Wyeomyia mosquito larvae in a bromeliad tank (Photo: Robert Noonan).

A remarkable thing about Wyeomyia larvae is their ability to resist starvation for many weeks. Larvae of other mosquitoes, under similar circumstances, would die. Despite decomposed leaves and other materials in bromeliad tanks, the water usually is very clear, suggesting a scarcity of nutrients. Thus, Wyeomyia larvae usually do not have an abundant supply of food; often large numbers exist in tanks with sufficient food for only a few. In some tanks there seems to be intense competition between them for food, and only a few survive. Therefore, the presence of many larvae in bromeliad tanks does not guarantee that many adult mosquitoes will be produced from the bromeliads.

When faced with an inadequate diet, the larvae delay their development. It is to their advantage to do so because extra food may fall into the bromeliad tank from the tree canopy above, and this extra food may enable more of them to complete development to the pupal stage (12). This food-limited survival of the larvae has important implications for most forms of biological and chemical control.

Larvae of these two Wyeomyia species have been studied mainly in tanks of Tillandsia utriculata (11), but are likely to be found in tanks of all imported tank bromeliads. Production from Billbergia pyramidalis is estimated at about 100 adult Wyeomyia per plant per year, based on a survey of plants in Daytona Beach, Tampa, Vero Beach and Miami (17). A yard with 100 plants would therefore be expected to produce about 10,000 adult Wyeomyia per year, about half of which (the females) would attempt to bite.

Adult Wyeomyia do not fly far, so they bother mainly the people on whose land the plants grow, as well as people on neighboring properties, especially in cities. For the grower of bromeliads who does not mind being bitten by mosquitoes, there is no problem; for family, friends and neighbors, there may be a problem. This should be a problem for the owner of the bromeliads to solve, not a problem to be solved at public expense by mosquito control district employees. In general, people enthusiastic about growing bromeliads should be knowledgeable about this problem, take care of their plants, and minimize mosquito production from them. People who have little interest in bromeliads and no time to care for them, would do better not to grow tank bromeliads.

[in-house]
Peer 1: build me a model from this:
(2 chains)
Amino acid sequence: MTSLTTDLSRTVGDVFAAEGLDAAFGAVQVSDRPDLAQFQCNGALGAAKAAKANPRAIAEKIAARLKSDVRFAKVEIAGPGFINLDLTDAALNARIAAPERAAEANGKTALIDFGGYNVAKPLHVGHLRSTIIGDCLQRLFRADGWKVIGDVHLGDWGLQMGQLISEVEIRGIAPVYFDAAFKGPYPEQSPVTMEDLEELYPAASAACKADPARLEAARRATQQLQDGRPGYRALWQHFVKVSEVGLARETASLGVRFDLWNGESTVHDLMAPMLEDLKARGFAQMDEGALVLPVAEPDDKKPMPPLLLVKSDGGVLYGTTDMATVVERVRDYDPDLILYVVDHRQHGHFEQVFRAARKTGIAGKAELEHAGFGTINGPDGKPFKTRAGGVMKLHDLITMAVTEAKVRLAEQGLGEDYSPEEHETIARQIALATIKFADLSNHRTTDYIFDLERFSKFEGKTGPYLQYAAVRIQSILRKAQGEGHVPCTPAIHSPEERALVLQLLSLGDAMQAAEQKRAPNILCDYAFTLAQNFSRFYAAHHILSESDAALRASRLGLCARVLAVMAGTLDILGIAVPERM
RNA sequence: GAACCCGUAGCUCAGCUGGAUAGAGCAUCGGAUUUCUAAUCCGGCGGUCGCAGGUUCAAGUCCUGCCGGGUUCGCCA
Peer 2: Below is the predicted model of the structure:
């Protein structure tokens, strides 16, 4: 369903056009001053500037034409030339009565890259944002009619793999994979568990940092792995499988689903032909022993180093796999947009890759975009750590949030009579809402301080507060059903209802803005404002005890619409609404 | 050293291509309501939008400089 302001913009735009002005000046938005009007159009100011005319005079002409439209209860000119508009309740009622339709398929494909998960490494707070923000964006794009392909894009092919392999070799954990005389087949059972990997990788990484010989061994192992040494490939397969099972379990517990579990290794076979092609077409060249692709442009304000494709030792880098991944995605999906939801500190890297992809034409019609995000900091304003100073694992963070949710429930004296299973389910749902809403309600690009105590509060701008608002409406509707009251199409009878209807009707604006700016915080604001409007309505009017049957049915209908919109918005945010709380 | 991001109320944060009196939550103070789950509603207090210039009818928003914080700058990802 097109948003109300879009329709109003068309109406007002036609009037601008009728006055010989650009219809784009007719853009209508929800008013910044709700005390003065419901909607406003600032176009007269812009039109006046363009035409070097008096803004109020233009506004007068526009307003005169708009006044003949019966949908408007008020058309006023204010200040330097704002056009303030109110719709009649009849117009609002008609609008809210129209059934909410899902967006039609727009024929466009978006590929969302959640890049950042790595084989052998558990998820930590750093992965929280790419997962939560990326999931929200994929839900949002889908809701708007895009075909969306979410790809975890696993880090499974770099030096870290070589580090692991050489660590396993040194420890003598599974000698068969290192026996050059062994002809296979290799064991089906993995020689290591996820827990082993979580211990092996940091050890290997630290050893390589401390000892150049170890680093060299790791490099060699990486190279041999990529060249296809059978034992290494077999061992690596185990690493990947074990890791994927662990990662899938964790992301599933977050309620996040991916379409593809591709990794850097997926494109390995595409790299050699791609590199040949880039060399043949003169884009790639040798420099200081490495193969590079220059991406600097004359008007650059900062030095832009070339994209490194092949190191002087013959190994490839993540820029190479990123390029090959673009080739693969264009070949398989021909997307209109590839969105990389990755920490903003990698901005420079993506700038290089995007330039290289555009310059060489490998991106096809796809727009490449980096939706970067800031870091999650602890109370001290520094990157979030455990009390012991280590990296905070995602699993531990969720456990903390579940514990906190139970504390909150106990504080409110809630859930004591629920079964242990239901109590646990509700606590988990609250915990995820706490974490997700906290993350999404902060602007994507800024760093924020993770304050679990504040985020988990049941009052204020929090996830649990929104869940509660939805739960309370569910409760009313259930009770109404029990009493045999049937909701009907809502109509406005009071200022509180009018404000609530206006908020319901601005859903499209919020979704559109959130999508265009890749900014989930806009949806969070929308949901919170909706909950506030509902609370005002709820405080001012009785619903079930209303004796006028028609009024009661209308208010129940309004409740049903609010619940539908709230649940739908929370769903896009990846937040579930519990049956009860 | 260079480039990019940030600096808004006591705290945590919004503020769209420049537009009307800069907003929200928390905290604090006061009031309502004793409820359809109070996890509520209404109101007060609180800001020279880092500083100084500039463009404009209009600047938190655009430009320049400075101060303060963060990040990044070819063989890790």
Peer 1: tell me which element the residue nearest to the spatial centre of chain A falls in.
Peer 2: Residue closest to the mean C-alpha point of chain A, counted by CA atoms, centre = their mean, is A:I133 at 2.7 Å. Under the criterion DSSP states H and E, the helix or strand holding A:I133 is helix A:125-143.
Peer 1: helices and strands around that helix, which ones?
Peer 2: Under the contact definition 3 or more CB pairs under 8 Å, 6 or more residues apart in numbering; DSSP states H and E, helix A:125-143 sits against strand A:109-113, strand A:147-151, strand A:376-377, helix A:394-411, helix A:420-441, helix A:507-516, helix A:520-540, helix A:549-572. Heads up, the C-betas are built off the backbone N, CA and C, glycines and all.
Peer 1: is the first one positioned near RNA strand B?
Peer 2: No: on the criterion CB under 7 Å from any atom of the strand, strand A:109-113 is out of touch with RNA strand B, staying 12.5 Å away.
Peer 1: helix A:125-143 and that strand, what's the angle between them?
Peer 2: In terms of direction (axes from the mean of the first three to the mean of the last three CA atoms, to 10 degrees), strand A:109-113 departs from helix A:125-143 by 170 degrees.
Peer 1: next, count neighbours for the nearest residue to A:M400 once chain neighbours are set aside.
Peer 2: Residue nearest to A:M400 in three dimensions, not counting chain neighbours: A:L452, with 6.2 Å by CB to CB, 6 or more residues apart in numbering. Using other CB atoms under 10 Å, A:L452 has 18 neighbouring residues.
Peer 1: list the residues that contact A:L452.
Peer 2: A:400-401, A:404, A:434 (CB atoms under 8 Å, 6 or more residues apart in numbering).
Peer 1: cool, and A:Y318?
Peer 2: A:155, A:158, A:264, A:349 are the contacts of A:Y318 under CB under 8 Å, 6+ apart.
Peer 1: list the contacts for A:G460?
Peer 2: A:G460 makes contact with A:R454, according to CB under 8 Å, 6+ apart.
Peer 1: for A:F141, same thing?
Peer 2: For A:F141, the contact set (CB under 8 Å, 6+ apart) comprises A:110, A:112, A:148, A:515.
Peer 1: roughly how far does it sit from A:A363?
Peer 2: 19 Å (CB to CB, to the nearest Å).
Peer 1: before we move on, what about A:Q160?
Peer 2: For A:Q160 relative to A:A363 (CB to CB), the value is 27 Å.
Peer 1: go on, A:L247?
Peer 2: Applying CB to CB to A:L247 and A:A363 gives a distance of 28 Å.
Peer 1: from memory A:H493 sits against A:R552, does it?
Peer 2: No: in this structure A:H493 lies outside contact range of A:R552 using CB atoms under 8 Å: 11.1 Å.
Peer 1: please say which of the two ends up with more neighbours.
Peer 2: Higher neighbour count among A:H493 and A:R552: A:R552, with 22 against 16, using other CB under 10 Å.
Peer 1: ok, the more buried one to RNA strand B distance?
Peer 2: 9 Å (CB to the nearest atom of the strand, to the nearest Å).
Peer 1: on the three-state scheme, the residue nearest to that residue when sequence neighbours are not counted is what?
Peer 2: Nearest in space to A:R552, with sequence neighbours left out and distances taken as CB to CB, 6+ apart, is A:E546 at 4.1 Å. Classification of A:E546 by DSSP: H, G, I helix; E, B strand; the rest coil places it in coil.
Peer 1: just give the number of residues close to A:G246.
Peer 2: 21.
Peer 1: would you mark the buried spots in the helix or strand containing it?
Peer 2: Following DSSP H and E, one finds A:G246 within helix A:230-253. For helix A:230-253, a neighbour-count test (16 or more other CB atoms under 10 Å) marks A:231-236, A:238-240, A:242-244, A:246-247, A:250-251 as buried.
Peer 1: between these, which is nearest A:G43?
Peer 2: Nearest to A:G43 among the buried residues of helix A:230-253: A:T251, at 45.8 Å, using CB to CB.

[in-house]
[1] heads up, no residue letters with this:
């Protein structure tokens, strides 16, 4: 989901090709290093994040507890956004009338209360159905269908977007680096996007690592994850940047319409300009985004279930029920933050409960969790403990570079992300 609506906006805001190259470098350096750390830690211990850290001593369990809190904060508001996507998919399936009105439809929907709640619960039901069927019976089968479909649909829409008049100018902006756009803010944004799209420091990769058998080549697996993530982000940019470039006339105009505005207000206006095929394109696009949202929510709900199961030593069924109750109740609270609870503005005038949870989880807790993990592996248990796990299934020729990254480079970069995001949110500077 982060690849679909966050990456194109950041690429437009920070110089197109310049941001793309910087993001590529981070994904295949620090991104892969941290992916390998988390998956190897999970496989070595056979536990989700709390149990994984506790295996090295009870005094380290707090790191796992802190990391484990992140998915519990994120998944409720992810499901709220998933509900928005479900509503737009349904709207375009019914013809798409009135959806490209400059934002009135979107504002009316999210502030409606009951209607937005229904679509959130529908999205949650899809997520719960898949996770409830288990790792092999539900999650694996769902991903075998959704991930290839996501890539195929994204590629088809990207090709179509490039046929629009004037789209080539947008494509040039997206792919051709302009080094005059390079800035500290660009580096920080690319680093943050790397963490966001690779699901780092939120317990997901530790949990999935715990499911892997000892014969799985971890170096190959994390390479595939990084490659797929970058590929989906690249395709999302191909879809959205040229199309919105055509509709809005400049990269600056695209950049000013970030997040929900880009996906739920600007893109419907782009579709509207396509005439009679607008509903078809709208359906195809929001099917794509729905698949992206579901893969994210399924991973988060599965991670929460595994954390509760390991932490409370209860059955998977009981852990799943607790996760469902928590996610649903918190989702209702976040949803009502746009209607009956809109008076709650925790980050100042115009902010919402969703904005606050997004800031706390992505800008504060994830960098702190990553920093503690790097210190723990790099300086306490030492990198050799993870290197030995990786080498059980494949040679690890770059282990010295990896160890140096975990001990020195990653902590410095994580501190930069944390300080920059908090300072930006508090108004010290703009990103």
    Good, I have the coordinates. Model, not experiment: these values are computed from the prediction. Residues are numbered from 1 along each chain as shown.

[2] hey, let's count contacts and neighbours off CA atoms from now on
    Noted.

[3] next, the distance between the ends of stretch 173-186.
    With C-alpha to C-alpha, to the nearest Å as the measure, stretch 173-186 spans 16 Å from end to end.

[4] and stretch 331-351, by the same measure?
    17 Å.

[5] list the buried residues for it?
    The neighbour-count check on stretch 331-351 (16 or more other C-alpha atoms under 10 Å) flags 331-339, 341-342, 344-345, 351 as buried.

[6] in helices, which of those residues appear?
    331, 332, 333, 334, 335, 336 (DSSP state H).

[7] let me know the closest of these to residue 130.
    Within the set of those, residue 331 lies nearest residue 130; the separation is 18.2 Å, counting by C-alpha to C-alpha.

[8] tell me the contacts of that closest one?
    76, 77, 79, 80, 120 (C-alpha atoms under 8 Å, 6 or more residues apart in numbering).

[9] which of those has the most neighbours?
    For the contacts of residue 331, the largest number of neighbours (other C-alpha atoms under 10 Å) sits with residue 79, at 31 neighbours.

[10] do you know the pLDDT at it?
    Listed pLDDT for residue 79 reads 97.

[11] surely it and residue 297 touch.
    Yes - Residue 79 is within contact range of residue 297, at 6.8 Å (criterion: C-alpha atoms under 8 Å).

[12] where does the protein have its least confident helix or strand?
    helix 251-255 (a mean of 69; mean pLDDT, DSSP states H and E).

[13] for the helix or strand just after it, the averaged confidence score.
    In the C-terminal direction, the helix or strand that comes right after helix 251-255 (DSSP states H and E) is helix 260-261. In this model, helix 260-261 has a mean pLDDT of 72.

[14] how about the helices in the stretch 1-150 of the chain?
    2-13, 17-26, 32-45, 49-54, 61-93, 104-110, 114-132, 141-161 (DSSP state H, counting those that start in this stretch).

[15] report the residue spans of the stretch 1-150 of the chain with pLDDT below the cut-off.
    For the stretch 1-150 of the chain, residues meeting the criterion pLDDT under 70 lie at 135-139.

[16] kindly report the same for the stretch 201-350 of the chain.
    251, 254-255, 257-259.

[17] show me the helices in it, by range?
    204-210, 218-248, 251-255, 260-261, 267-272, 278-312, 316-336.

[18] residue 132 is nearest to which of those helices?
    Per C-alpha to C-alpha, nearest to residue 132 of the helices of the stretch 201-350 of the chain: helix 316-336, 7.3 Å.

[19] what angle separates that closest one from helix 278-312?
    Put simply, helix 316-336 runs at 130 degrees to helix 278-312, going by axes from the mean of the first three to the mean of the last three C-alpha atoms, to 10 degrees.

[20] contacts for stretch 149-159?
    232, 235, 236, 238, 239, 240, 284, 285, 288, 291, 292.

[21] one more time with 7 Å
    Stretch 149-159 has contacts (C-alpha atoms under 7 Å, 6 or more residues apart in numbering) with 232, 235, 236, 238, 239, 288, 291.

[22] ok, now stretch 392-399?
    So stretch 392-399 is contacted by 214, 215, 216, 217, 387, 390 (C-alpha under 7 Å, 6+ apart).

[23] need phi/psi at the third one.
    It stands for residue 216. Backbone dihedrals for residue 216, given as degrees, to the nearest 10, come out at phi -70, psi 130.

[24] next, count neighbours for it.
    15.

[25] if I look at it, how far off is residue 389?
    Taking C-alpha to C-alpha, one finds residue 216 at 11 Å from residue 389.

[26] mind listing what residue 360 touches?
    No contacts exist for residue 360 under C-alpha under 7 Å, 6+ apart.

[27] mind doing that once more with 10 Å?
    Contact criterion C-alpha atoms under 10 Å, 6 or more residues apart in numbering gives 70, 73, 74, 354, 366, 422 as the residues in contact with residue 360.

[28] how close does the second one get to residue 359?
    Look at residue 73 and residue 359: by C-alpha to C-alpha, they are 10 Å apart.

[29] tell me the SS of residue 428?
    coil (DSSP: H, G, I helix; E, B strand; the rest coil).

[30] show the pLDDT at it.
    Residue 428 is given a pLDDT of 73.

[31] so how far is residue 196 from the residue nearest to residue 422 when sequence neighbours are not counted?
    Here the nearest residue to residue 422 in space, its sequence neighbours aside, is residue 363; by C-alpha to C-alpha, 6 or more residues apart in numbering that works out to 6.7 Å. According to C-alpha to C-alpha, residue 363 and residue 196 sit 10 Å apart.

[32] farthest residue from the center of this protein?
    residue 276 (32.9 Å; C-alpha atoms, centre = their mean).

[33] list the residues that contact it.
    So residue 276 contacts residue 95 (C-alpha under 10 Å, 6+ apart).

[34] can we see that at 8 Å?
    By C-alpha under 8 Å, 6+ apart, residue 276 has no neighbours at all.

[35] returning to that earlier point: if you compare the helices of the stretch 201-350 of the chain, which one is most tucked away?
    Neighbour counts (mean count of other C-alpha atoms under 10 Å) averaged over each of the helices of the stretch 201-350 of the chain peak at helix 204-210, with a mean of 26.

Culex and Aedes Mosquitoes

Larvae of some species of the genera Wyeomyia, Aedes and Culex (and other genera) are specialized for existence in bromeliad tanks in the neotropics, but (apart from Wyeomyia mitchellii and Wyeomyia vanduzeei) these species do not occur in Florida. Instead, larvae of non-specialist species of Aedes, Anopheles, Corethrella, Culex and Toxorhynchites mosquitoes occur occasionally in bromeliads in Florida. In tanks of Billbergia pyramidalis these others together seem to form less than 1% of the total number of mosquito larvae (17) (but see Aedes albopictus).

In central and southern Florida, the two species that did occur most commonly among these few were Culex quinquefasciatus and Aedes aegypti. Females of these two species prefer to place their eggs in small water-containers which are darker in color than bromeliads, such as scrap tires (8). They make some exception to this preference when water in bromeliad tanks is fouled by decaying materials such as grass clippings (17). Although Aedes aegypti is a notorious vector of yellow fever and dengue, the current absence of these diseases from Florida makes this mosquito only a pest.